dc.titleDevelopment of an Instrument to Measure Symptom Occurrence and Symptom Distress: The Symptom Experience Index (SEI)en_GB
dc.contributor.authorFu, Mei R.en_US
dc.contributor.authorMcDaniel, Roxanneen_US
dc.contributor.authorRhodes, Vernaen_US
dc.author.detailsMei R. Fu, PhD, RN, CNS, Assistant Professor, New York University College of Nursing, New York, New York, USA, email: mf67@nyu.edu; Roxanne McDaniel, PhD, RN; Verna Rhodes, EdS, FAANen_US
dc.identifier.urihttp://hdl.handle.net/10755/163431-
dc.description.abstractPurpose: Symptom assessment and management are vital aspects of patient care through the entire illness trajectory of diagnosis, treatment, recovery, and palliation. Symptom occurrence and distress are essential components of symptom experience and major outcome variables for symptom management. The purpose of this study was to develop and test the Symptom Experience Index (SEI), an adaptation of the Adapted Symptom Distress Scale. The SEI measures symptom experience and symptom occurrence and symptom distress. Theoretical Framework: The development of SEI was based on a nursing practice model for symptom management derived from the self-regulation theory and an integrative conceptual analysis of symptom assessment and management. The model emphasizes the difference between the occurrence of a symptom (or multiple symptoms) and the distress (emotional response) to symptom occurrence. It is the distress from symptom occurrence promotes a person to take actions and use known coping mechanisms to alleviate the distress. Methods (Design, Sample, Setting, Measures, Analysis): A contrasted-group and test-retest approach was employed to determine construct validity and reliability of the SEI. The SEI is a 41-item Likert scale, assessing 20 symptoms that can be categorized into respiratory, gastrointestinal, fatigue, sleeping, cognitive, neurological, elimination (urinary and bowel), pain/comfort, and appearance. The SEI was administered to a convenience sample of 158 participants, including rehabilitation, obstetrical, cancer patients, and well adults in a midwestern state. Results: Construct validity was supported by significant difference among the groups. The SEI demonstrated strong internal consistency with a Cronbach's alpha of 0.91, for symptom experience, 0.85 for symptom occurrence, and 0.84 for symptom distress. Spearman correlation demonstrated high test-retest reliability (r=0.98 p=0.0001) demonstrating the stability of the SEI. Conclusions and Implications: The SEI is a reliable and valid instrument that can be used as baseline and outcome measure for healthcare providers to assess the impact of multiple symptoms on patients and effectiveness of interventions to manage symptoms.en_GB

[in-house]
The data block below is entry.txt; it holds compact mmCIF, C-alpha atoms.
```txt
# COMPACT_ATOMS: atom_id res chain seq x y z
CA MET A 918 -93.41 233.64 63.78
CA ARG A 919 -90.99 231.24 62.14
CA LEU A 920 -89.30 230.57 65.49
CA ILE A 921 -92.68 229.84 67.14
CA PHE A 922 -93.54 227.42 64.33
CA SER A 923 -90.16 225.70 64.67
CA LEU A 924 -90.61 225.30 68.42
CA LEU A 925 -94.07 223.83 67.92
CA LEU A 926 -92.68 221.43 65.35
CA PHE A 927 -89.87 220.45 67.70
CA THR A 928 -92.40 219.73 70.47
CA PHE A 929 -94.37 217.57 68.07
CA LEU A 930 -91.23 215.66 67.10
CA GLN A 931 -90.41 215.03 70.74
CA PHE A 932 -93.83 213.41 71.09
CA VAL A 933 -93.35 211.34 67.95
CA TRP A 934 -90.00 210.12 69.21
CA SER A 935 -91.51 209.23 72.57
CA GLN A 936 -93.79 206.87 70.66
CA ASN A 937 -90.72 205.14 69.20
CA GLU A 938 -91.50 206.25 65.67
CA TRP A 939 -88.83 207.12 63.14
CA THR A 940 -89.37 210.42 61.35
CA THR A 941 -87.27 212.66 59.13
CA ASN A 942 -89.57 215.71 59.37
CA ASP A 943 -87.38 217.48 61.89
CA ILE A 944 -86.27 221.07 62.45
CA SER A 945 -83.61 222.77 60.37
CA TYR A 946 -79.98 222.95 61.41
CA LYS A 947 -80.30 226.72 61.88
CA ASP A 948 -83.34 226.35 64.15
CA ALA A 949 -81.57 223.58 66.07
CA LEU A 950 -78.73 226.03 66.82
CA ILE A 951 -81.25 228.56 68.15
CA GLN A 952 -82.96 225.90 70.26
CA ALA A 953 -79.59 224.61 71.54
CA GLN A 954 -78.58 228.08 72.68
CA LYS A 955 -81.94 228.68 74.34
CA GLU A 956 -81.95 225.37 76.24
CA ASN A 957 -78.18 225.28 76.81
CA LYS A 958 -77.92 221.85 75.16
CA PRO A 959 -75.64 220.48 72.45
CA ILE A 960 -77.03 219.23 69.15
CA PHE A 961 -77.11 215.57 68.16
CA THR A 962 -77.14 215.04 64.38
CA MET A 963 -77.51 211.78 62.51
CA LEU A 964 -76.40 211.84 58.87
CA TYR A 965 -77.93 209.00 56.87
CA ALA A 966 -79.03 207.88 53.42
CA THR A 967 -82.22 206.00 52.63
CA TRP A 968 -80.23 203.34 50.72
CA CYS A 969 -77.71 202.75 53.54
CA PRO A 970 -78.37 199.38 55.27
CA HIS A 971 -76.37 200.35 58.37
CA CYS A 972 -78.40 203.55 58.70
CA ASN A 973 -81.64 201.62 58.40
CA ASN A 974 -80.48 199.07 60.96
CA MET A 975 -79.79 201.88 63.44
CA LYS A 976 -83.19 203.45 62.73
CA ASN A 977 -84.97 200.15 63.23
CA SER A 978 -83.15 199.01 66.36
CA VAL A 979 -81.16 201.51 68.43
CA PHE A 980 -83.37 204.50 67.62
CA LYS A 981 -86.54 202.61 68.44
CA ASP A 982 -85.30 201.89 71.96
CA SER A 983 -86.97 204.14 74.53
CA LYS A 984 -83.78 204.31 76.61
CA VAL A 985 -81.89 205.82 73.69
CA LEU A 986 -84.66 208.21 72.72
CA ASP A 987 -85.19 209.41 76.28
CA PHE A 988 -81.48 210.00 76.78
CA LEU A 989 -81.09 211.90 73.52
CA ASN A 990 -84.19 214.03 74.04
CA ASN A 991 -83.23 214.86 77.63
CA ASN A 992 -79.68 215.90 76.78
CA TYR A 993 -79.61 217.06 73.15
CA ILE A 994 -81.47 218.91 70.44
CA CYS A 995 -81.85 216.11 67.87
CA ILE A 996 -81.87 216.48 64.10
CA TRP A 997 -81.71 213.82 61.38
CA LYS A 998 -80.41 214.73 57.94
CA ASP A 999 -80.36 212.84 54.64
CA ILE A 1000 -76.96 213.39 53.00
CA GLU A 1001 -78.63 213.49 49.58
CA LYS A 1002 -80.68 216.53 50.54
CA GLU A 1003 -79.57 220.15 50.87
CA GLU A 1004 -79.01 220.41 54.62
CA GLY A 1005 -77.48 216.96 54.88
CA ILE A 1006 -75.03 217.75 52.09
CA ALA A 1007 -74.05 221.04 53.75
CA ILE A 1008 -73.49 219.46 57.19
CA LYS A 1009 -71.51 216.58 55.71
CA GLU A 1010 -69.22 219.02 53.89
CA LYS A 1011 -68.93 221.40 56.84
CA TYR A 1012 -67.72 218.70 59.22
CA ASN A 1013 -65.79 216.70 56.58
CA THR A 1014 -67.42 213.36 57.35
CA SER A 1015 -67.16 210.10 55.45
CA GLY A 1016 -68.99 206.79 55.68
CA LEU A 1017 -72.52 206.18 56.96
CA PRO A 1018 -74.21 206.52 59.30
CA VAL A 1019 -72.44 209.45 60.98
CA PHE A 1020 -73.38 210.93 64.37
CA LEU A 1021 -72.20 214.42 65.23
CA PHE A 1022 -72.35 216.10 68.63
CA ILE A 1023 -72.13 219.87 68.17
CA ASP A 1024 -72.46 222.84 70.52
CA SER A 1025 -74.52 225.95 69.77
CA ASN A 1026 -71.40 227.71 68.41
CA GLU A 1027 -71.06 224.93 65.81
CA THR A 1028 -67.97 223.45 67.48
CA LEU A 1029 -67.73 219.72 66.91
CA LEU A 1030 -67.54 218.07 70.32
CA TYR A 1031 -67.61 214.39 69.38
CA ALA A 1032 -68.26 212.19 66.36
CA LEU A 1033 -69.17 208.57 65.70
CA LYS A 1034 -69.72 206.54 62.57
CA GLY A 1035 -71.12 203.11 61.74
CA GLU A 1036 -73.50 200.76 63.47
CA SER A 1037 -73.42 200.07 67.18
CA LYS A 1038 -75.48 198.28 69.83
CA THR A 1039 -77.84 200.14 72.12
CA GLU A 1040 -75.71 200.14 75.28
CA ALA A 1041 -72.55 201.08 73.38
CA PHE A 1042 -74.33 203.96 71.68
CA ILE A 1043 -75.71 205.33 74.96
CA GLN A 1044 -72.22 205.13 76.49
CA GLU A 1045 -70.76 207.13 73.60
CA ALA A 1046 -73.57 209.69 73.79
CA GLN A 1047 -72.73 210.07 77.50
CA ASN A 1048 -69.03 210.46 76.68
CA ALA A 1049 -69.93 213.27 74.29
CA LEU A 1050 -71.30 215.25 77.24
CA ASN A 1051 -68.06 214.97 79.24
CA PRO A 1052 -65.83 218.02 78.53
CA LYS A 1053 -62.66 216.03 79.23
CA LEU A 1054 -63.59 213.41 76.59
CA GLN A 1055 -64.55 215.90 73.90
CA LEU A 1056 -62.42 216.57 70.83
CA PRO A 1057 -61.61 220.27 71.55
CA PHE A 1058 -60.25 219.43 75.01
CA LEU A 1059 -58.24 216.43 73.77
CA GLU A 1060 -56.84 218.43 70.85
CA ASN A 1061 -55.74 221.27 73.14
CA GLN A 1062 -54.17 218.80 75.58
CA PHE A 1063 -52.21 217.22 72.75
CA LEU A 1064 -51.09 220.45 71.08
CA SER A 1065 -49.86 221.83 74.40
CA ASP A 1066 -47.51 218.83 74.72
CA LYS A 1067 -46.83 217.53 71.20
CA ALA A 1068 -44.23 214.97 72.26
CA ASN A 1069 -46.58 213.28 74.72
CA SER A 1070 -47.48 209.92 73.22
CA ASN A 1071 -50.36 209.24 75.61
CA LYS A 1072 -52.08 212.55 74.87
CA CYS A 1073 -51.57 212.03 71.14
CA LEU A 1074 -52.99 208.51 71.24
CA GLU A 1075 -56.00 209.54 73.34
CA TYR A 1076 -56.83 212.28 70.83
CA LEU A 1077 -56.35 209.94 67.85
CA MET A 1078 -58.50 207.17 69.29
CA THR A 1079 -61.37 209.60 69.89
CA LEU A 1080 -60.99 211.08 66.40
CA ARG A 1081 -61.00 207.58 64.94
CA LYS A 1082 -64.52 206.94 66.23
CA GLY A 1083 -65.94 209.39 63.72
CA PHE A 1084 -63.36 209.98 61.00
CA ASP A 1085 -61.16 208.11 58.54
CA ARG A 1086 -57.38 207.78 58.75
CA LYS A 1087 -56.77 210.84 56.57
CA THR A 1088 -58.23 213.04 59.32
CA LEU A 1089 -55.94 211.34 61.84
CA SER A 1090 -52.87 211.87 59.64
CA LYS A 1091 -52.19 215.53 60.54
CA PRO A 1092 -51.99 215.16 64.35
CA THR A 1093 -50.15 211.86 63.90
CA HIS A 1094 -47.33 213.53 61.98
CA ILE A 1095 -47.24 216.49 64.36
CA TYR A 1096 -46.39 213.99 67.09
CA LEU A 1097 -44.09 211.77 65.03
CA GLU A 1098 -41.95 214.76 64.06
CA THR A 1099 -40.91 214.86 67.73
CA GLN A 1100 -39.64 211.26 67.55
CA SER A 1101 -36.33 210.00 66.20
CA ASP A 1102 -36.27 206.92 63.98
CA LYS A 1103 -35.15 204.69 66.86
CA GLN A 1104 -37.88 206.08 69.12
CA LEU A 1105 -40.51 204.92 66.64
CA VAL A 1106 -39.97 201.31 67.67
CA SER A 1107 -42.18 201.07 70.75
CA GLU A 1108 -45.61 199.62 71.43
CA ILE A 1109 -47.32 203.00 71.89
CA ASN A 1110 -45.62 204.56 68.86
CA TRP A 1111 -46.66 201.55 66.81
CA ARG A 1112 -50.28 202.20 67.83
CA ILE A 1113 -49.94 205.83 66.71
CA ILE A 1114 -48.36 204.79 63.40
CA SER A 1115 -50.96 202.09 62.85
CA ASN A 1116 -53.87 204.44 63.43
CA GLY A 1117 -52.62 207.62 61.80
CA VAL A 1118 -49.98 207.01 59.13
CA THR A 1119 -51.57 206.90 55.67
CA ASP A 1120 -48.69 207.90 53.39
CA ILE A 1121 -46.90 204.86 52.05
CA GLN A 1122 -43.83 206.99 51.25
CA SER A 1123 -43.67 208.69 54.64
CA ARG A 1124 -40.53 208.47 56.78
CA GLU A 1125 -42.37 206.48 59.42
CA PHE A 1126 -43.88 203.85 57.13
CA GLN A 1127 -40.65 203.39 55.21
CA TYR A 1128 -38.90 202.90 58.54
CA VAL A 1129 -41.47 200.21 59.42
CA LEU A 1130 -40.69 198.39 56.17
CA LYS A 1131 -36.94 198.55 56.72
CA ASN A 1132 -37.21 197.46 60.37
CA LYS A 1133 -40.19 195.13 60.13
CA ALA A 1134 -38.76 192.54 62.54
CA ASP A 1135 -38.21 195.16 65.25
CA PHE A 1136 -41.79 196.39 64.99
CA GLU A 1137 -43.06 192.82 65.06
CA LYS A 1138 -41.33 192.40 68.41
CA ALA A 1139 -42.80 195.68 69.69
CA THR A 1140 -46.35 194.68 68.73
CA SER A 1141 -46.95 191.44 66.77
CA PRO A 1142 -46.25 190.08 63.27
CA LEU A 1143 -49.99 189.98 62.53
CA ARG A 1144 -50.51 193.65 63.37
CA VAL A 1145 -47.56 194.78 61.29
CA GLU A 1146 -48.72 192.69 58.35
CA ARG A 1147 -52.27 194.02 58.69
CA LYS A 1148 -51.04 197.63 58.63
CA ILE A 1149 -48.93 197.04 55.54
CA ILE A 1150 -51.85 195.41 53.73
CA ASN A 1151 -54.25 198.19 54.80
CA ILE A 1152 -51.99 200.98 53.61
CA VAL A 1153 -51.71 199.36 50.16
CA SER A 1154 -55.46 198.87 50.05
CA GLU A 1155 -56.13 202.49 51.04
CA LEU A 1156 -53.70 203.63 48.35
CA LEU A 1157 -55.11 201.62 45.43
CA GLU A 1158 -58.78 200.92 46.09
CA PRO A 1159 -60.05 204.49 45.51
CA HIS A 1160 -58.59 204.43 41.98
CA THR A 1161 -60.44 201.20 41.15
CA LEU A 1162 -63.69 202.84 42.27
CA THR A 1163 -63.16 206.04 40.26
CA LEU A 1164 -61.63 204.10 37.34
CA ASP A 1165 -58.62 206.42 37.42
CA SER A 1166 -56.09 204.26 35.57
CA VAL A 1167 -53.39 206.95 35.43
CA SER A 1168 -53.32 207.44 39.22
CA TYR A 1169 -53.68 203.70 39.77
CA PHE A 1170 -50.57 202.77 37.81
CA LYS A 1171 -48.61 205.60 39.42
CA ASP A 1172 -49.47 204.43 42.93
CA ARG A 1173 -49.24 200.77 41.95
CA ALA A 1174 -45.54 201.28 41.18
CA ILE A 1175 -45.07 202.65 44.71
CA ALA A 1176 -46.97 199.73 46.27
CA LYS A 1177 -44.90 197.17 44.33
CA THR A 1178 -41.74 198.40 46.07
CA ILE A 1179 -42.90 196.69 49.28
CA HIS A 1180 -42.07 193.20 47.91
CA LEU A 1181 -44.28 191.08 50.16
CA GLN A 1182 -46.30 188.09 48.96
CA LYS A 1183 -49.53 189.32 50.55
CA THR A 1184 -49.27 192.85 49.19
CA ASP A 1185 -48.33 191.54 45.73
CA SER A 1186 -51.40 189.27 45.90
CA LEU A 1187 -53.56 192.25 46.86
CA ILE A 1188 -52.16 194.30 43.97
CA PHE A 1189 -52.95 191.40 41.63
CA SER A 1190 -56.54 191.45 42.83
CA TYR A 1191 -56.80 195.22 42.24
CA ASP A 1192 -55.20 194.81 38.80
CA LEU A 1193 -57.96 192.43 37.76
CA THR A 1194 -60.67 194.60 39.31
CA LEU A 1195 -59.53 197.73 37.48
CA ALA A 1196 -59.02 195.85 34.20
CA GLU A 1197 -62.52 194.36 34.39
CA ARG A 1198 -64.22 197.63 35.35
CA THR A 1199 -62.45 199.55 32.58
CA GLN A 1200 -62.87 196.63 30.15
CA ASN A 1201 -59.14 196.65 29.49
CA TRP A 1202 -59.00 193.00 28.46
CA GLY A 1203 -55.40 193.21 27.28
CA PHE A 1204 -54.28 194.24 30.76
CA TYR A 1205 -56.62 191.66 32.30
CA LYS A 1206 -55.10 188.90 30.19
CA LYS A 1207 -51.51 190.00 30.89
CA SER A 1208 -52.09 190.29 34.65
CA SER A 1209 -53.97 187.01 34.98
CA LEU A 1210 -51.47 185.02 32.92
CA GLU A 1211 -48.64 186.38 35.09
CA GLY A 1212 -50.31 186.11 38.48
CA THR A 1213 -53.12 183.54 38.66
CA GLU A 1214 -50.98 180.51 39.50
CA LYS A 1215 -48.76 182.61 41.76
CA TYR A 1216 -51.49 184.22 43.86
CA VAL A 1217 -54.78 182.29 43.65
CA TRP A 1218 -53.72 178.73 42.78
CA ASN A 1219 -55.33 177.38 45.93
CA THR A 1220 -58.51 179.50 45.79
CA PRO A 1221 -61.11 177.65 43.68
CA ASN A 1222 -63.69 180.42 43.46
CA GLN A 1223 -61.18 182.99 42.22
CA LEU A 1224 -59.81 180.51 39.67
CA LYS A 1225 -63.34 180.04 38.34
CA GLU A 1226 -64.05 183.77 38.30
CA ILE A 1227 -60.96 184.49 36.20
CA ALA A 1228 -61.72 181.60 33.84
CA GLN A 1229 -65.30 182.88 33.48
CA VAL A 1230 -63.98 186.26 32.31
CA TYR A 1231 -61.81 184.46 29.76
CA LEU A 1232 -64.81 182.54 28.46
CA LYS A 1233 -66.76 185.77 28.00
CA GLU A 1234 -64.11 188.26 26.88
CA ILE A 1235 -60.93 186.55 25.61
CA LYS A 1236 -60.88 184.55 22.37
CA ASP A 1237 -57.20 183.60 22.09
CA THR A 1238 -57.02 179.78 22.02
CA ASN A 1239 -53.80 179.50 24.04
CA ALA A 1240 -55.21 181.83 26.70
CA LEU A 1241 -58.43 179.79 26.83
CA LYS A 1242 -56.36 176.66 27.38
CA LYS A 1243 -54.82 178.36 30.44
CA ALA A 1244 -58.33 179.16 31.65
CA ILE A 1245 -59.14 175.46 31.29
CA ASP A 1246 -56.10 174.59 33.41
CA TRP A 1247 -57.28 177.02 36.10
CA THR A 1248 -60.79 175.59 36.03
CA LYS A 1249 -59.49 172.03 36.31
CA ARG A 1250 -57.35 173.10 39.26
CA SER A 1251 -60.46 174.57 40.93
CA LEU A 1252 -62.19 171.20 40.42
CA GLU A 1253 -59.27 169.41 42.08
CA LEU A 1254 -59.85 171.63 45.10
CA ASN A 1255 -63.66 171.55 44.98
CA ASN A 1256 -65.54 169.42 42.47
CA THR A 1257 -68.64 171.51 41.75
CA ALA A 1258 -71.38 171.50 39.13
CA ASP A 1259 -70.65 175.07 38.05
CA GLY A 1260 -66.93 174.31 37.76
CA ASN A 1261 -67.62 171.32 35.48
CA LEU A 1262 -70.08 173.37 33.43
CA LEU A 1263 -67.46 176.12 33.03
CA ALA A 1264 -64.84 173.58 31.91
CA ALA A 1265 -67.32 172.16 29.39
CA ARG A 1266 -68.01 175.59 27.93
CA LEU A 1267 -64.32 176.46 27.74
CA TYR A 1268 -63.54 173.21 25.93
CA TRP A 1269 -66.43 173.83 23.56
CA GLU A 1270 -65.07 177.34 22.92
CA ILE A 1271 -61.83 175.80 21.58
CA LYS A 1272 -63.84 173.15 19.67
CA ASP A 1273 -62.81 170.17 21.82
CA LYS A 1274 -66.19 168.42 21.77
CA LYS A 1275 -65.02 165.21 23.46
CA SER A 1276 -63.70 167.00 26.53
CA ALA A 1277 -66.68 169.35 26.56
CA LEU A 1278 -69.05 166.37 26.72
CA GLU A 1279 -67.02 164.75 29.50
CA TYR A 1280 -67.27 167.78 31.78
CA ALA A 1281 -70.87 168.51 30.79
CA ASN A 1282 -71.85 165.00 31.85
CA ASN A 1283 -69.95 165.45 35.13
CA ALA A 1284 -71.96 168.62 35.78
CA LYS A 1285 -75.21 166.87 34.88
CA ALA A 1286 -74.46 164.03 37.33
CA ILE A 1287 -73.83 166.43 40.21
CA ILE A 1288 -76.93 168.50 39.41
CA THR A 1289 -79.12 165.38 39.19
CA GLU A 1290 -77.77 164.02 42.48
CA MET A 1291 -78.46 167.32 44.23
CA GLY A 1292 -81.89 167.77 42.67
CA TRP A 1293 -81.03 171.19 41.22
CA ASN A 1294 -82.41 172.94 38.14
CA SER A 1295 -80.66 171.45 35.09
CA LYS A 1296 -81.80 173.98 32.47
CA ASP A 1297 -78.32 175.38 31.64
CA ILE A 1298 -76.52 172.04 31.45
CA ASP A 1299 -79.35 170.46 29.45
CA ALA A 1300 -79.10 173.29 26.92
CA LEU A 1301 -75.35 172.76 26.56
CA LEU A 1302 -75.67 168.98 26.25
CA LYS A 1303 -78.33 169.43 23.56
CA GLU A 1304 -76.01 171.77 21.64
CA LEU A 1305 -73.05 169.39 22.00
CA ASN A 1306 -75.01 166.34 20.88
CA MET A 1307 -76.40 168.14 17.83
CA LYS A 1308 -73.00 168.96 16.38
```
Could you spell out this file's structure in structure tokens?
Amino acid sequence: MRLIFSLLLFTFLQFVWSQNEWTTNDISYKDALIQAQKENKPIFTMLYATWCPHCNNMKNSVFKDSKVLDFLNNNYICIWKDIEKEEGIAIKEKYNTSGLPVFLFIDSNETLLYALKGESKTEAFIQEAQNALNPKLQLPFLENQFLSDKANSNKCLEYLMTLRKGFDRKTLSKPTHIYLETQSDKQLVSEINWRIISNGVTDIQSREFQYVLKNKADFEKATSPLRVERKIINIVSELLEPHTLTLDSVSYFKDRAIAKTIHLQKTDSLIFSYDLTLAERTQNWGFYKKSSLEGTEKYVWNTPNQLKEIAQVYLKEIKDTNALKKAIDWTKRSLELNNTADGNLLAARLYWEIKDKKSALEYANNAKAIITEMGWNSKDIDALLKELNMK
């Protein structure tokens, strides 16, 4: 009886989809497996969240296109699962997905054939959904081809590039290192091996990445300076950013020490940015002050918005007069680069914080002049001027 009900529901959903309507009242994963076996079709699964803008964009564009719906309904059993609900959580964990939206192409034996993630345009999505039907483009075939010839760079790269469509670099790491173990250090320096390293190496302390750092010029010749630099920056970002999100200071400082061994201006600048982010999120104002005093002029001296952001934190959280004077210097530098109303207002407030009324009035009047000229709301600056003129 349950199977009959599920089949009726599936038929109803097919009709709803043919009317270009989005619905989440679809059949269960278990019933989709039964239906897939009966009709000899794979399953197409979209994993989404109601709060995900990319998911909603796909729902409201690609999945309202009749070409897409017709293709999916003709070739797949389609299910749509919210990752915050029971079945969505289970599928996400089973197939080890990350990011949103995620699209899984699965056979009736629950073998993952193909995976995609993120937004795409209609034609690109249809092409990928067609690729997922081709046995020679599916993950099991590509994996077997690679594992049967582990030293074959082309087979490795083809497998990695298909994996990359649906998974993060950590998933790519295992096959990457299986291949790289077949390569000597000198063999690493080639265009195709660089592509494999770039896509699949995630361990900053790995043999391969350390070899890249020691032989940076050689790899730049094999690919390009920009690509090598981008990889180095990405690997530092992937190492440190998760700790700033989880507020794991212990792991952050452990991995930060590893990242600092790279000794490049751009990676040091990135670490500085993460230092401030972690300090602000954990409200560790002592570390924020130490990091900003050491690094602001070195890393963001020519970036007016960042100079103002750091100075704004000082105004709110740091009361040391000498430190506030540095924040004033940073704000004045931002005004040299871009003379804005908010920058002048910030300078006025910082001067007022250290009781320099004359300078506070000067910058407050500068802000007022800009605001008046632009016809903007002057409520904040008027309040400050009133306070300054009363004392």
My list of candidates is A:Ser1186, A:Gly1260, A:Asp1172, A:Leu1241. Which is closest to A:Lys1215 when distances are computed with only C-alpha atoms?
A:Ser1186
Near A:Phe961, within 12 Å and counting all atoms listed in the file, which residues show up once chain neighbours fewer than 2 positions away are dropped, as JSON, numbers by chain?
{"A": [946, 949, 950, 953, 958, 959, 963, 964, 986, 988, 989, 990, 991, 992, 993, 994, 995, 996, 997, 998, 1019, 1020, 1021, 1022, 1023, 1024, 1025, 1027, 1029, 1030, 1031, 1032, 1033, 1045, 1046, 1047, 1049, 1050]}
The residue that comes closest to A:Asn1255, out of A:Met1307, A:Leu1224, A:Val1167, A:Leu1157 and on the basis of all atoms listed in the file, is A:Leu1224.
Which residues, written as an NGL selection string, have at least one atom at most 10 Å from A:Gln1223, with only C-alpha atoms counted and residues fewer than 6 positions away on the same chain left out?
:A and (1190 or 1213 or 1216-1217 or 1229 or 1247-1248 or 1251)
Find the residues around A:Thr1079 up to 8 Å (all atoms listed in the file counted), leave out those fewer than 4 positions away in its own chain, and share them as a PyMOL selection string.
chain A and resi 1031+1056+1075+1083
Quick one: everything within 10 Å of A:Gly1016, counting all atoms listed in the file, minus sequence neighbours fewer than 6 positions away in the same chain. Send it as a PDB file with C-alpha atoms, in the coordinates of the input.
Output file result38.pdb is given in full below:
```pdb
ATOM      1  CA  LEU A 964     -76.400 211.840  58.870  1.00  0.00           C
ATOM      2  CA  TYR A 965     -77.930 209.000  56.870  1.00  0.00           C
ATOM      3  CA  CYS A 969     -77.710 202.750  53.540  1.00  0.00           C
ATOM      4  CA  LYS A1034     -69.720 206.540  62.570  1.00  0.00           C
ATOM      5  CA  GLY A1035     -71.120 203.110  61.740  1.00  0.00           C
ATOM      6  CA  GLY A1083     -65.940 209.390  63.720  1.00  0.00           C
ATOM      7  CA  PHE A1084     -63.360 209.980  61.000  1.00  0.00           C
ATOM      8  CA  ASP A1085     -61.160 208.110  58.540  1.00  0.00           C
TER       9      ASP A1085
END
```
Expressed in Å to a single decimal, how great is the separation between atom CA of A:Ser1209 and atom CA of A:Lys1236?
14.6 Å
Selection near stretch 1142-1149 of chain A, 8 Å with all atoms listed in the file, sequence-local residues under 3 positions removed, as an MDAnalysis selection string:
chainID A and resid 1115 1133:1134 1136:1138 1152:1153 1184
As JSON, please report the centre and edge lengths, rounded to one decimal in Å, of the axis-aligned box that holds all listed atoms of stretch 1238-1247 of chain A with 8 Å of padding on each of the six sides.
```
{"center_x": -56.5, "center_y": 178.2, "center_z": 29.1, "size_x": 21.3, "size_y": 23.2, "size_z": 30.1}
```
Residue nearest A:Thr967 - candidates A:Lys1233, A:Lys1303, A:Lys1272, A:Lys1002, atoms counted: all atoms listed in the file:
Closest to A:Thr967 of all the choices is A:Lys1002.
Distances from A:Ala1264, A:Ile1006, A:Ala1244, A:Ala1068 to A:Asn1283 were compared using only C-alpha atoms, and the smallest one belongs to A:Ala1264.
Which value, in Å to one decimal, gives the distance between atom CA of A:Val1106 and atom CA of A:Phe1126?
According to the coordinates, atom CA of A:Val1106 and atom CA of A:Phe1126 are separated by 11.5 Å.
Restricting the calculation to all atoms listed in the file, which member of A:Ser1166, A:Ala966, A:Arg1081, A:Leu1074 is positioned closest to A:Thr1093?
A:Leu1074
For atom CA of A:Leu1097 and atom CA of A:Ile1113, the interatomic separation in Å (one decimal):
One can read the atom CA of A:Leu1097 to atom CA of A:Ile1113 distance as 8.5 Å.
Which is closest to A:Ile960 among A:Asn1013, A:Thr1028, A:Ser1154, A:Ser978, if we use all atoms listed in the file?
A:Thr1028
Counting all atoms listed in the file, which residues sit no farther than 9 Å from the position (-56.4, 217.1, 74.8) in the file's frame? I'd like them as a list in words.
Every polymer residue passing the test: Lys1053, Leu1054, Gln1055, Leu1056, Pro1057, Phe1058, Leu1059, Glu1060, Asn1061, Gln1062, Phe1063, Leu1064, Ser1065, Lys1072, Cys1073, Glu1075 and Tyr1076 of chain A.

dc.date.available2011-10-27T11:07:28Z-
dc.date.issued2011-10-27en_GB
dc.date.accessioned2011-10-27T11:07:28Z-
dc.conference.date2006en_US
dc.conference.name18th Annual Scientific Sessionsen_US
dc.conference.hostEastern Nursing Research Societyen_US
dc.conference.locationCherry Hill, New Jerseyen_US
dc.description�New Momentum for Nursing Research: Multidisciplinary Alliances�, held on April 20th -22nd at the Hilton in Cherry Hill, New Jerseyen_US
dc.description.noteThis is an abstract-only submission. If the author has submitted a full-text item based on this abstract, you may find it by browsing the Virginia Henderson Global Nursing e-Repository by author. If author contact information is available in this abstract, please feel free to contact him or her with your queries regarding this submission. Alternatively, please contact the conference host, journal, or publisher (according to the circumstance) for further details regarding this item. If a citation is listed in this record, the item has been published and is available via open-access avenues or a journal/database subscription. Contact your library for assistance in obtaining the as-published article.-